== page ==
Spring is in the air and there's no better way to celebrate than with the season's hottest ingredient – juicy, tender lamb.
While Australians are lucky to enjoy quality lamb all year round, spring is when delicious lamb is in peak supply, making it easy to match with spring's abundant fresh produce. Dress up lamb with a medley of colourful vegetables and fragrant herbs including rosemary, basil and thyme.
While trusty chops and cutlets are a family favourite at meal time, get creative this spring and experiment with interesting cuts such as ribs, shoulder and mince. These cuts are delicious, trendy and offer great value. They also work well with international flavours and cuisines making lamb the perfect staple for your spring recipe collection.
Pan fry / grill: Cut into individual ribs and trim any excess fat, leaving some fat for flavour and juiciness. Finish in the oven to ensure the meat is cooked through.
Roast: Lamb ribs contain a high amount of fat and connective tissue so roasting at a lower temperature for longer allows the fat to render and the connective tissue to break down.
Braise: Keep bones in or remove beforehand.
France: Lamb rib daube is the perfect comfort food, or the lamb rib BLT is the ultimate sandwich for a lighter meal.
U.S.: Mini tacos filled with smoked BBQ lamb ribs, crispy cubes of skewered smoked lamb, lamb pancetta, lamb rib sandwich or braised lamb with spinach and minted yoghurt.
Butchery Specifics: Consisting of layers of full flavoured meat and rich lamb fat. Lamb ribs contain a portion of rib bones which can be cut into individual ribs. The ribs are prepared from a lamb breast by a straight cut between the 5th and 6th ribs. There are two rib sections per carcase.
For Bone In shoulder:
Roast: Remove the feather and chine bones before roasting. Leave the ribs bones if desired to produce a forequarter rack/shoulder rack. Leave some fat cover on top of the shoulder.
Slow cook: Cut shoulder into large pieces keeping the bone in and braise over low heat until the meat falls off the bone. The connective tissue will break down during the cooking process adding flavour and a gelatinous texture.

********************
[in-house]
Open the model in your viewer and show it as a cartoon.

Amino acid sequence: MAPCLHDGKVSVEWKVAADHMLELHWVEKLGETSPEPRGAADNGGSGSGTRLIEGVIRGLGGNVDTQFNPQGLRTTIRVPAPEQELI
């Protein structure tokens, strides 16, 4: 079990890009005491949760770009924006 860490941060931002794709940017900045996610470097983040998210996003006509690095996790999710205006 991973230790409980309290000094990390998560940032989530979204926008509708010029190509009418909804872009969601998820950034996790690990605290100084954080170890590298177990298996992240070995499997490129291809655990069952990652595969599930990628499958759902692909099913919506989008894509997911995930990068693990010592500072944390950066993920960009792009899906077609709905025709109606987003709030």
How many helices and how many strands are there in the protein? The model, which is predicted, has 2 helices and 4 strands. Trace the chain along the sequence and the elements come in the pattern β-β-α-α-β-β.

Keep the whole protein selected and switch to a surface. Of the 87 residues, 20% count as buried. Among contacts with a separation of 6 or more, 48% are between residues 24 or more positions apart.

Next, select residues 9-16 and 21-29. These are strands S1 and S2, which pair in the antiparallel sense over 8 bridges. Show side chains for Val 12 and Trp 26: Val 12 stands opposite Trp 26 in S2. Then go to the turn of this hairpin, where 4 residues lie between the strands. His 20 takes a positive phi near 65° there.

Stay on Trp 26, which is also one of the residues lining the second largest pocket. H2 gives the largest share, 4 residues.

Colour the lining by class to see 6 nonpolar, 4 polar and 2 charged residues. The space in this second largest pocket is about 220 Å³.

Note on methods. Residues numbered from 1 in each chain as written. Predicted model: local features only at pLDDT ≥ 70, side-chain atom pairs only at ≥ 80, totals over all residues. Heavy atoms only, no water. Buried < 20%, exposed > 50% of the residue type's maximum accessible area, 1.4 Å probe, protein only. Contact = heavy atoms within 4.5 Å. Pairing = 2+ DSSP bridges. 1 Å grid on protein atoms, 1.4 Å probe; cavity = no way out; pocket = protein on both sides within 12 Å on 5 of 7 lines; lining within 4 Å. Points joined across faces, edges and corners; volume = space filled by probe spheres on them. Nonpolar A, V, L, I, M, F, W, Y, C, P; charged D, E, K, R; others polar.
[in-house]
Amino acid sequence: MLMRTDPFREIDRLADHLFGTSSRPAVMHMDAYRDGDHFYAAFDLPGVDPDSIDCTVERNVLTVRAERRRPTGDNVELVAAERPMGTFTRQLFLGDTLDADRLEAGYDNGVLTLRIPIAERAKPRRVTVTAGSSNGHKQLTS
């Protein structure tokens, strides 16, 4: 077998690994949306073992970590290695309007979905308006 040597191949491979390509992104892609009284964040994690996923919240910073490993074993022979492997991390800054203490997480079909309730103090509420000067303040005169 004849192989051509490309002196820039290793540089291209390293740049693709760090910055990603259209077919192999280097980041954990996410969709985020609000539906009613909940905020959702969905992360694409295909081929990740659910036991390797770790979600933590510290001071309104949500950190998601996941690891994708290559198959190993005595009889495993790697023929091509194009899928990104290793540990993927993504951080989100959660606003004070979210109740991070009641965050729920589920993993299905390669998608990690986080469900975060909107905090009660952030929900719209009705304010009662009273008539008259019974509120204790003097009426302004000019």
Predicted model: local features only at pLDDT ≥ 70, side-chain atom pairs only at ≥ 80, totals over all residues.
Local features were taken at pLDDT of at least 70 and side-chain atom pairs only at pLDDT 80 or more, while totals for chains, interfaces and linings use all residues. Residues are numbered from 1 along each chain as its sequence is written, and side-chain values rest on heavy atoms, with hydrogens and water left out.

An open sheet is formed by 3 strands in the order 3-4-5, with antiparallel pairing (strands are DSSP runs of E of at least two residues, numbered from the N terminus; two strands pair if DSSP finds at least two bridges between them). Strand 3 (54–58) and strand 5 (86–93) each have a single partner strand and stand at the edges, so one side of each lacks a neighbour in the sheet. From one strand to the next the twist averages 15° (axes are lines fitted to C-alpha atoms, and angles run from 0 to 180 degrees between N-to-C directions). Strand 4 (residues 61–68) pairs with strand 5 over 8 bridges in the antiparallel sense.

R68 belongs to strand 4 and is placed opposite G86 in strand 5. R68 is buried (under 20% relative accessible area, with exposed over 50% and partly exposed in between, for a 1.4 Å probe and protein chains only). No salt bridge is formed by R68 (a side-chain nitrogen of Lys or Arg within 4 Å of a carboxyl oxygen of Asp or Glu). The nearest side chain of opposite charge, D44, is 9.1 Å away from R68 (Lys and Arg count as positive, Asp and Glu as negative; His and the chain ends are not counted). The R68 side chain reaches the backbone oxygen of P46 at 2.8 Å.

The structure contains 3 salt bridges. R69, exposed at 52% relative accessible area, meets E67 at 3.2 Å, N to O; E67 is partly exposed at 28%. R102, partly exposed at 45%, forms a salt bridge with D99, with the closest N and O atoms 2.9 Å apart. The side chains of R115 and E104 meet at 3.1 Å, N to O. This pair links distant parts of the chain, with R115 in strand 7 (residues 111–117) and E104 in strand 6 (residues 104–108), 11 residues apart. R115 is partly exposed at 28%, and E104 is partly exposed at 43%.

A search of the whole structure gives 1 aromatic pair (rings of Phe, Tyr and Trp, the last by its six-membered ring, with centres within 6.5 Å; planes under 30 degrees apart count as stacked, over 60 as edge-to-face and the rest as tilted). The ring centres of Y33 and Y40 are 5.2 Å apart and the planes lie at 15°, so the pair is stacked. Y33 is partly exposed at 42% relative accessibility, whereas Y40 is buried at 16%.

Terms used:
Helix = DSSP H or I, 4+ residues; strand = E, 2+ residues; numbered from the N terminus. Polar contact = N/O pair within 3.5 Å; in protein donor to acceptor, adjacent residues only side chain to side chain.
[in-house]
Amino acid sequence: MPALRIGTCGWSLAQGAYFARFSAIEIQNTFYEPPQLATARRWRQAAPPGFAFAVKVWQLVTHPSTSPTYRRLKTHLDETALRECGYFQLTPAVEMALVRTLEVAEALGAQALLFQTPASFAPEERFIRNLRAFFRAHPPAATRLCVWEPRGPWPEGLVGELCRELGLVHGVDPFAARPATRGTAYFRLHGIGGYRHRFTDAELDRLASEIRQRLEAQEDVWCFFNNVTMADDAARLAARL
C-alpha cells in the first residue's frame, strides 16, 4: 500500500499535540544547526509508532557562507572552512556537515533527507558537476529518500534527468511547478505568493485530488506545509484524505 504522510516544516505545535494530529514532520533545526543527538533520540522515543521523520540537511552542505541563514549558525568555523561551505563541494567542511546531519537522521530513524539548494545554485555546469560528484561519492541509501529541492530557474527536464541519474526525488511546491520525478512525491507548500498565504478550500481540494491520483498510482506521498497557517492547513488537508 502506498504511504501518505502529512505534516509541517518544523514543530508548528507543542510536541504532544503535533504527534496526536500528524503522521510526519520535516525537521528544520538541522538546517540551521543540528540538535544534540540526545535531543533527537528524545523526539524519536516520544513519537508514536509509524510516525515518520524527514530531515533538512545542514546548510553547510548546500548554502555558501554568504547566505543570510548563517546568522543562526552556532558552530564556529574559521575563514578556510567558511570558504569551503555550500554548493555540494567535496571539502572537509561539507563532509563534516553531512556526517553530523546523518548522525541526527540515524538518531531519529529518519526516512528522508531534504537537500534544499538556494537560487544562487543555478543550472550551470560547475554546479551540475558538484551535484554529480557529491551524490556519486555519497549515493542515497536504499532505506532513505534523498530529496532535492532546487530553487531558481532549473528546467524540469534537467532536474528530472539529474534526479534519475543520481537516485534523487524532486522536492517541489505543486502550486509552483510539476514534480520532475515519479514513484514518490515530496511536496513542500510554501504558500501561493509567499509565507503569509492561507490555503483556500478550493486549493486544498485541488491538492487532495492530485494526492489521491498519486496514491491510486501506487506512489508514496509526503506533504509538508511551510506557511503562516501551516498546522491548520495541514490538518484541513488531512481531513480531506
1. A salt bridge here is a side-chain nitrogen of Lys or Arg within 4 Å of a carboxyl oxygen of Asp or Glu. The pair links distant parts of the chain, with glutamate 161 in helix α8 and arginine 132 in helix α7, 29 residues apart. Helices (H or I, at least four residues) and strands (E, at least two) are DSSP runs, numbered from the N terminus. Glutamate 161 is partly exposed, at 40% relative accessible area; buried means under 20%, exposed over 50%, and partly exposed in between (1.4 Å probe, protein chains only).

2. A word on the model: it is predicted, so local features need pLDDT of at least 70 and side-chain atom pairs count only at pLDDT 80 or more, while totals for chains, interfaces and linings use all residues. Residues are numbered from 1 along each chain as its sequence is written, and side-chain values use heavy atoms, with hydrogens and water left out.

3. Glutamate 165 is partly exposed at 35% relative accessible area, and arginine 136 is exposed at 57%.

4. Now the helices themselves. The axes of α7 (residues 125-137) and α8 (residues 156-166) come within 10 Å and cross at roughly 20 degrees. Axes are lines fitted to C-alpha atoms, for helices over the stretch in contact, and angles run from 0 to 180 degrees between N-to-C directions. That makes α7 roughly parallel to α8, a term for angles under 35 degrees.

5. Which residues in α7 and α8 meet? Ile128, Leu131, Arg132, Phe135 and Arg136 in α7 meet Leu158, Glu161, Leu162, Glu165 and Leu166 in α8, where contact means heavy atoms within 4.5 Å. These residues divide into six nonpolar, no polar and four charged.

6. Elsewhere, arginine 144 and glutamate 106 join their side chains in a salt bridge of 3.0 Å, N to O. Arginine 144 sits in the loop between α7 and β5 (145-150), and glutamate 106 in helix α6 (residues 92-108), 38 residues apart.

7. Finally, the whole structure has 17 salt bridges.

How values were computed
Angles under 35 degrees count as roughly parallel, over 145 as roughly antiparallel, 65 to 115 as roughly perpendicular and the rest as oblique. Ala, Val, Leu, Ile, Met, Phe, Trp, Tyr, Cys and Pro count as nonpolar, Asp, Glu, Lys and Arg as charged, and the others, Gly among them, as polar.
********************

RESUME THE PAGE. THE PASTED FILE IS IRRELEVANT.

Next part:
For Boneless shoulder:
Roast: Truss shoulder to retain shape. Trim fat to desired level but ensure there is some fat coverage to maintain moisture.
Slow cook: Cut into cubes for curry style dishes or cut into larger portions and serve as braised steaks. Always brown the meat before adding liquid to help caramelise the sugars in the meat.
Thin slice: For cooking quickly over high heat (e.g. for skewers and Korean or Japanese style BBQ dishes), first chill the boneless rolled shoulder and then slice very thinly (2mm) on a slicing wheel. Marinating the thin sliced meat for several hours will assist in tenderisation.
Jordan: The national dish is Mansaf: lamb on the bone seasoned with herbs and spices, cooked in yoghurt and served with rice and nuts. The layers of connective tissue in shoulder melt in the cooking process adding flavour and texture to the dish.
India: aromatic lamb Pasanda from Northern India curry, made with flattened strips of lamb cooked in a creamy yoghurt sauce flavoured with cumin, garam masala, ground almonds, cinnamon and garlic.
Morocco: One of the most famous of Moroccan dishes is the lamb tagine.
Butchery Specifics: The Shoulder is prepared from a forequarter by removing the neck with a straight cut between the 3rd and 4th cervical vertebrae. The breast and fore shank are removed by a cut commencing at the junction of the 1st rib and 1st sternal segment continuing to the specified rib running parallel to the backbone. There are two shoulders per carcase.
Grill: Forming mince into burger patties or rissoles is perfect for grilling. Always cook mince to well done, to ensure all bacteria is destroyed in the heating process.
Roast: Baking is a variation of roasting that suits mince meals. For a twist on meatloaf, lamb can take on some bold flavours – think lamb moussaka.
Simmer: Sear or sauté the mince before adding other ingredients to caramelise the sugars in the meat and bring out its natural sweetness.
Stir fry: Ensure the mince is not too lean so that it does not become too dry and crumbly.
Global Flavours: Lamb mince is used in cuisines around the world to make some classic dishes such as Greek Moussaka, Spanish Empanada, Lebanese Kibbee, Turkish Kofte, Syrian Chiche Barak, English Sheppard's Pie, Turkish Gozleme, Sri Lankan Frikadells or Moroccan lamb mince tagine.
Butchery Specifics: Unless specified, mince or ground lamb is produced from lamb trimmings.
For luscious lamb recipe suggestions, visit www.themainmeal.com.au